The finding is reportered in a paper published in the journal Proceedings of the National Academy of Sciences.

In nature, it turns out, many new traits that, for example, enable their bearers to conquer new habitats, start out as blunders: mistakes made by cells that result in altered proteins with changed properties or functions that are new altogether, even when there is nothing wrong with the gene itself. Sometime later, one of these mistakes can get into the gene and become more permanent.

"If the mechanisms interpreting genetic information were completely flawless, organisms would stay the same all the time and be unable to adapt to new situations or changes in their environment," said Masel, who is also a member of the UA's BIO5 Institute.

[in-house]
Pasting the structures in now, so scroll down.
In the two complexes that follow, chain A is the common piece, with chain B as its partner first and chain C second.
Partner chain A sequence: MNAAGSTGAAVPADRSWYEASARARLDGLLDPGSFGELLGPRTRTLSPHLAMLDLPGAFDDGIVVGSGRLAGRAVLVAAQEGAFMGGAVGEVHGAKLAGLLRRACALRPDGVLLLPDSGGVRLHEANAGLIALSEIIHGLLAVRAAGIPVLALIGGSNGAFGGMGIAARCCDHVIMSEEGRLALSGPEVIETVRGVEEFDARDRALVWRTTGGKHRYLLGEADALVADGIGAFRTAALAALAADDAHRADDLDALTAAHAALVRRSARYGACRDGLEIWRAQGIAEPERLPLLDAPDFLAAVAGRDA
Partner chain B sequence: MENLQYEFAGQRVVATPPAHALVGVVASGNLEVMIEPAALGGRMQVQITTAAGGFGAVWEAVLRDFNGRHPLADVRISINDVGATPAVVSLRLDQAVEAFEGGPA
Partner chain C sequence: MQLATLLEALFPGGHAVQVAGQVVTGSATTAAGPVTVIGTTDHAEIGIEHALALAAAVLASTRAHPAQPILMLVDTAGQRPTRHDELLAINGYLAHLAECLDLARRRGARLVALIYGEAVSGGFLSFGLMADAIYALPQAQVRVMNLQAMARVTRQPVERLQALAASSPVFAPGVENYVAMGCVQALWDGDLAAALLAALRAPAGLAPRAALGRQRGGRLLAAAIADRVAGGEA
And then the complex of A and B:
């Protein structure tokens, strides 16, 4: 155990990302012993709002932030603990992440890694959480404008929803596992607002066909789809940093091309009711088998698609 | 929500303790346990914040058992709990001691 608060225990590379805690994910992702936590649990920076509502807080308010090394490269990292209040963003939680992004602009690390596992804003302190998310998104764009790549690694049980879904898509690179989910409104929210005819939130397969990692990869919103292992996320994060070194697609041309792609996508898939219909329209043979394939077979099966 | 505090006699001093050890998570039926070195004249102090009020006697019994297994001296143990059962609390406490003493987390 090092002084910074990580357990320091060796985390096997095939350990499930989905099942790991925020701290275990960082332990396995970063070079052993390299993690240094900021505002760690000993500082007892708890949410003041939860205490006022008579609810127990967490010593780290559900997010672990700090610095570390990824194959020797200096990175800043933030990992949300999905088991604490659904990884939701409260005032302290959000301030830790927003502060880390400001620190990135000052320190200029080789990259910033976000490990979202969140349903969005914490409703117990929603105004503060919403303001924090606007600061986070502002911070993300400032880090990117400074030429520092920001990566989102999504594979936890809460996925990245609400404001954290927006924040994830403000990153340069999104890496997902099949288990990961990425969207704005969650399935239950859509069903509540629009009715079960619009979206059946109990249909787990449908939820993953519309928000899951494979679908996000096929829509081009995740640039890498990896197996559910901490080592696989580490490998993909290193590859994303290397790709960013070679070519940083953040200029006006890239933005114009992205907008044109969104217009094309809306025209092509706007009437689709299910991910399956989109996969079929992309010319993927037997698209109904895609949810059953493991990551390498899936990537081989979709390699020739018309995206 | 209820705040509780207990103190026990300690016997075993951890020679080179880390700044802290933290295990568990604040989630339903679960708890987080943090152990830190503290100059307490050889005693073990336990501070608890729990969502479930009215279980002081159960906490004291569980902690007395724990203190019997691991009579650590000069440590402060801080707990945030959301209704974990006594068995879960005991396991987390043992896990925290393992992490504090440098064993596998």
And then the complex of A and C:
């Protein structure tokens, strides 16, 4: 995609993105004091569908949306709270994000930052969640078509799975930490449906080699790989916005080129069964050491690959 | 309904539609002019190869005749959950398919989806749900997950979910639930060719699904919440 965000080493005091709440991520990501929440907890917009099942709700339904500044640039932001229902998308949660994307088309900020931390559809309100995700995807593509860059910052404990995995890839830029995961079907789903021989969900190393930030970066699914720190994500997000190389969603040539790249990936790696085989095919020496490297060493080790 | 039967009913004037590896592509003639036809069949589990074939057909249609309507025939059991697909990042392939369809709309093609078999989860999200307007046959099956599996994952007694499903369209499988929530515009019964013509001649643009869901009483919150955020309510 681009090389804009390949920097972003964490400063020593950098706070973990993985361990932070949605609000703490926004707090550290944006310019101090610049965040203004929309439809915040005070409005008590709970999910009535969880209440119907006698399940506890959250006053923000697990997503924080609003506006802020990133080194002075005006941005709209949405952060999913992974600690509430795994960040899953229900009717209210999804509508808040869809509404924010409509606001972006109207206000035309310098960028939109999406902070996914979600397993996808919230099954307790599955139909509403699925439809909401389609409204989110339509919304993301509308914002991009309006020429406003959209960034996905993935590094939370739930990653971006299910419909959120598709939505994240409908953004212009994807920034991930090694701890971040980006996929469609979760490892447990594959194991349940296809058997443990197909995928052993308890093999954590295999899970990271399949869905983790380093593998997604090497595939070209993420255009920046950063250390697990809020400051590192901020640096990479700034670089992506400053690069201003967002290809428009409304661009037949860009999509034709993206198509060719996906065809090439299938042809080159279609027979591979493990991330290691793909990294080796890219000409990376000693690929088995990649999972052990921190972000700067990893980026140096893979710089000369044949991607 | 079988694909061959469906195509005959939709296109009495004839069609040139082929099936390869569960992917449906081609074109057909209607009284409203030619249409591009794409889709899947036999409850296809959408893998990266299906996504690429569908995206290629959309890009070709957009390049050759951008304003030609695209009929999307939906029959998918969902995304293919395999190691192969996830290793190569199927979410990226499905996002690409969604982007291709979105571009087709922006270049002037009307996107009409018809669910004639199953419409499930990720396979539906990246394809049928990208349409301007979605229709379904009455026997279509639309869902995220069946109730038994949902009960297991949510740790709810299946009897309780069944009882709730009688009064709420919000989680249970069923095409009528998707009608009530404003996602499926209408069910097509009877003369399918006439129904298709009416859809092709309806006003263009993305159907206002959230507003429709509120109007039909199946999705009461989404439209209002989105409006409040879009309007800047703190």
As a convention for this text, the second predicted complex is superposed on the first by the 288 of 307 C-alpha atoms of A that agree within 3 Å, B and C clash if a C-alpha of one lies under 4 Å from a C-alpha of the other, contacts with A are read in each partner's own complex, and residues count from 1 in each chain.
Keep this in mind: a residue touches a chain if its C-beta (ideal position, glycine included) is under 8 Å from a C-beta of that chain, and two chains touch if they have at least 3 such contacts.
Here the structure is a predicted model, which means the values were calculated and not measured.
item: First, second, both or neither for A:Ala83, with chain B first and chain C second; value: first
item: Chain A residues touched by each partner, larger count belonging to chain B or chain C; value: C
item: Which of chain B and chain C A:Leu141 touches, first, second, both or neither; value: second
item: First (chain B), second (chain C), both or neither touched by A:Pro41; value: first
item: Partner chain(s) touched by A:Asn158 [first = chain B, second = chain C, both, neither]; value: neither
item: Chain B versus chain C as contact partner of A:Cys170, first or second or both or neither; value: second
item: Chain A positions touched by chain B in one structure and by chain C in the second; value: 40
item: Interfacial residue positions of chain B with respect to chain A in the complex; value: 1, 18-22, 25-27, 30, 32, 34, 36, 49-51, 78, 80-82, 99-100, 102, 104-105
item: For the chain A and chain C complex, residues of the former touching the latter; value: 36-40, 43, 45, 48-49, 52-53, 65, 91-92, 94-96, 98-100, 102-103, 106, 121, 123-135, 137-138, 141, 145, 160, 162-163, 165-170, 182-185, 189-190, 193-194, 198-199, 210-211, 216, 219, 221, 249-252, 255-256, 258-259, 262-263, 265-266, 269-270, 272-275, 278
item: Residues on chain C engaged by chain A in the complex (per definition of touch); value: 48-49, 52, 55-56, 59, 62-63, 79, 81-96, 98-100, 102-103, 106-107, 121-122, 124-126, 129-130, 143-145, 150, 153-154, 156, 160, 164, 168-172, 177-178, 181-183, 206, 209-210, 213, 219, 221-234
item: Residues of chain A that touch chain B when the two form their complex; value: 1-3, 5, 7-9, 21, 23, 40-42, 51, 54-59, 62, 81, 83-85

Living beings face two options of handling the dangers posed by errors, Masel and Rajon wrote. One is to avoid making errors in the first place, for example by having a proofreading mechanism to spot and fix errors as they arise. The authors call this a global solution, since it is not specific to any particular mistake, but instead watches over the entire process.

The alternative is to allow errors to happen, but evolve robustness to the effects of each of them. Masel and Rajon call this strategy a local solution, because in the absence of a global proofreading mechanism, it requires an organism to be resilient to each and every mistake that pops up.

"We discovered that extremely small populations will evolve global solutions, while very large populations will evolve local solutions," Masel said. "Most realistically sized populations can go either direction but will gravitate toward one or the other. But once they do, they rarely switch, even over the course of evolutionary time."